However, I think breaking out, and growing talent has become increasingly difficult to control, especially with platforms like TikTok becoming the biggest drivers in music discovery. Before streaming, labels invested a ton into their distribution capabilities, allowing them to more easily get their artist heard by a large audience via the radio. Now, with algorithms constantly curating tailored playlists for each listener and viral moments driving trends, how effective the label’s distribution arms are is significantly impacted.
We see this driving tension between artists and their labels as artists want to focus on their art, but labels are eager to create a viral moment to drive a better return on their investment. For example, Halsey recently had a public feud with her label so that she could release ‘So Good’.
Ultimately, I think this will be a huge driving force for more and more artists seeking to be independent.
Daso: What are the missing incentives to motivate fans to support artists outside of normal fan-artist interactions?
Cieslak: After we decided to focus on financing, we interviewed many fans and artists to dig into this exact question! Those conversations are what led us to build BaseNote. For me, it is simple: Artists do not want and are not looking for handouts; they’re proud of the work they’re putting out and do not want to feel exploited by someone speculating on their future. This meant there wasn’t a product that was aligned with artists’ values where they could raise funds. On the fans’ side, a huge portion of them is aware that streaming doesn’t pay enough, and they want to support artists they love. Unfortunately, they can only see so many shows and buy so much merchandise, so they’ve been looking for a better way to support artists. We’ve found that for a ton of these fans, simply enabling them to share in the possible upside is enough for fans and artists to feel like they’re in this together.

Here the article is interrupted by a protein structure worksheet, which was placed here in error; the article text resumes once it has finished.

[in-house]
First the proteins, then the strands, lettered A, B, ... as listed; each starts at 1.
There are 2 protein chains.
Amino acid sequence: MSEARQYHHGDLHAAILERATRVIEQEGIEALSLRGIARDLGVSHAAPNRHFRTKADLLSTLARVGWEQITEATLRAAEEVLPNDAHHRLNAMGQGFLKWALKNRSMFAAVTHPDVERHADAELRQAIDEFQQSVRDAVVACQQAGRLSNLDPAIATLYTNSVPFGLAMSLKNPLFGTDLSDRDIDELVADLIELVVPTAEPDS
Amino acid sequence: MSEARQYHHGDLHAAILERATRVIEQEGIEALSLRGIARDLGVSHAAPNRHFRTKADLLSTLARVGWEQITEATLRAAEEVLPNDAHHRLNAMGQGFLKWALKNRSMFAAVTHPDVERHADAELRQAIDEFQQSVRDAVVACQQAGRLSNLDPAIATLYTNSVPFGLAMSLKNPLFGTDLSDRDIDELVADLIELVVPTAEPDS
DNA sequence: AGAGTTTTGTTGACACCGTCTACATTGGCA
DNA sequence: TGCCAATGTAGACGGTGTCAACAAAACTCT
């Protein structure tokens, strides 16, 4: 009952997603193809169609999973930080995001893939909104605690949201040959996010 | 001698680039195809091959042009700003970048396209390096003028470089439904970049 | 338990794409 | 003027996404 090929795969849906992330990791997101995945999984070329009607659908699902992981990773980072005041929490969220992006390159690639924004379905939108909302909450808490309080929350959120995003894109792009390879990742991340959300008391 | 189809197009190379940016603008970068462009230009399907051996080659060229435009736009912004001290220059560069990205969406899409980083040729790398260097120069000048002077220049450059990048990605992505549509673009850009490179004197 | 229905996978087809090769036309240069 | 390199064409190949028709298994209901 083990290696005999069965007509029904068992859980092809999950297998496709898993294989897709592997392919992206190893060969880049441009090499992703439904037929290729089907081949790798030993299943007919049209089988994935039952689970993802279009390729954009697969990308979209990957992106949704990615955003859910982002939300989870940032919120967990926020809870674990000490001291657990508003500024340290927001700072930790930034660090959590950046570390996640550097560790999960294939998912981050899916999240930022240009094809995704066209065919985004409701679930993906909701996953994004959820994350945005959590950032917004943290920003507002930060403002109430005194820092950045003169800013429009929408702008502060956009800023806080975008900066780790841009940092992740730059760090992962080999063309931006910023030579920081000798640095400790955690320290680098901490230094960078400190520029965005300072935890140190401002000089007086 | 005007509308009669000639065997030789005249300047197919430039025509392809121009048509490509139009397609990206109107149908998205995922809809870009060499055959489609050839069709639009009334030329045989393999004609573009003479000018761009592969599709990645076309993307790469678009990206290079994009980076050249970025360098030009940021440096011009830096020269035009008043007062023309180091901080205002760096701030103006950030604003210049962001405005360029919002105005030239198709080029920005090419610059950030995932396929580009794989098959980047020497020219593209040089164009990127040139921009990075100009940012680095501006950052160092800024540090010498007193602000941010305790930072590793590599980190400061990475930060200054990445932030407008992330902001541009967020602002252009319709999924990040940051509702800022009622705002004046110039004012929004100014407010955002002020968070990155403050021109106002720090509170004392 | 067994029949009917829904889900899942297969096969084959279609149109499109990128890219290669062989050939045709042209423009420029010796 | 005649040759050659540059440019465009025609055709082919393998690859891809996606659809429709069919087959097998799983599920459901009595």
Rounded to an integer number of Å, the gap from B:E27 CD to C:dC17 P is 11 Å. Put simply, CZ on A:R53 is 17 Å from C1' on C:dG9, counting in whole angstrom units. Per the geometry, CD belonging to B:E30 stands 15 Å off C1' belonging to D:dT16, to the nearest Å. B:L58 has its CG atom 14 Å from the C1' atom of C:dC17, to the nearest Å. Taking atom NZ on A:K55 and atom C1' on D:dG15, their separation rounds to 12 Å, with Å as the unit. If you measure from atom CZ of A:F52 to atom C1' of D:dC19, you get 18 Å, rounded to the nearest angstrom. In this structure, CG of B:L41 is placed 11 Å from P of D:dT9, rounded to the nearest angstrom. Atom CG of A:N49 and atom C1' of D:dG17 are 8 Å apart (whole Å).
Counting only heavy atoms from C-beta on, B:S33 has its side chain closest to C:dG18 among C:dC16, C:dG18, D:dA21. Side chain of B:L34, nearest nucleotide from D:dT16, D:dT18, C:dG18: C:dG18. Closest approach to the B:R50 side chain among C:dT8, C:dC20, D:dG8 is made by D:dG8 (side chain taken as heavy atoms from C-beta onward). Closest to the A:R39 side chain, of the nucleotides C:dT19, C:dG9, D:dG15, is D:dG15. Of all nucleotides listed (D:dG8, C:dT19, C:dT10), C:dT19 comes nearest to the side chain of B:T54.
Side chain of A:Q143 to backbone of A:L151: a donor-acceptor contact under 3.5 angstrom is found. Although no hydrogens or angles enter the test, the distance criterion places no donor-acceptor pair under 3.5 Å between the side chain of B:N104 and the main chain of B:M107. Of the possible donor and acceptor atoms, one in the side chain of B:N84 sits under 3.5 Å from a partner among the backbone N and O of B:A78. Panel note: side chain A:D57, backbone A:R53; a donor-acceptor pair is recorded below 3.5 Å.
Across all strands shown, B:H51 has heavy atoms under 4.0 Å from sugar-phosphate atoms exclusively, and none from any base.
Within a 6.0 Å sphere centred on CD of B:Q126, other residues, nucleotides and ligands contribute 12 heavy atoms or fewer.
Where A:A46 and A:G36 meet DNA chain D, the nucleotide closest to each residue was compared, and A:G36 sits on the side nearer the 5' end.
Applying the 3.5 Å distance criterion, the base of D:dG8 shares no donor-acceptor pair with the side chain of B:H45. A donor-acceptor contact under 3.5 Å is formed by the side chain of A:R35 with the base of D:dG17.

Daso: How does ownership of music rights change with BaseNote investors being able to share in an artist’s streaming royalties?
Cieslak: Ownership of music rights has always been a fraught topic with artists, but as of late, the public has been made more aware of how painful this can be for an artist. Most notably, we have Taylor Swift re-releasing her prior studio albums to fight back against someone else purchasing her back catalog. When developing BaseNote the founding team wanted to ensure that we could use BaseNote to change the ownership model. We believe that because fans are looking to support artists and share in the upside, they’re not interested in controlling or owning the masters, which allows us to change the rights model completely. For funds raised through BaseNote, the issuer retains all master rights after the deal duration.
Daso: Does BaseNote essentially provide artists with a “rolling advance” with the way that the company structures the fan’s investment into the supported talent?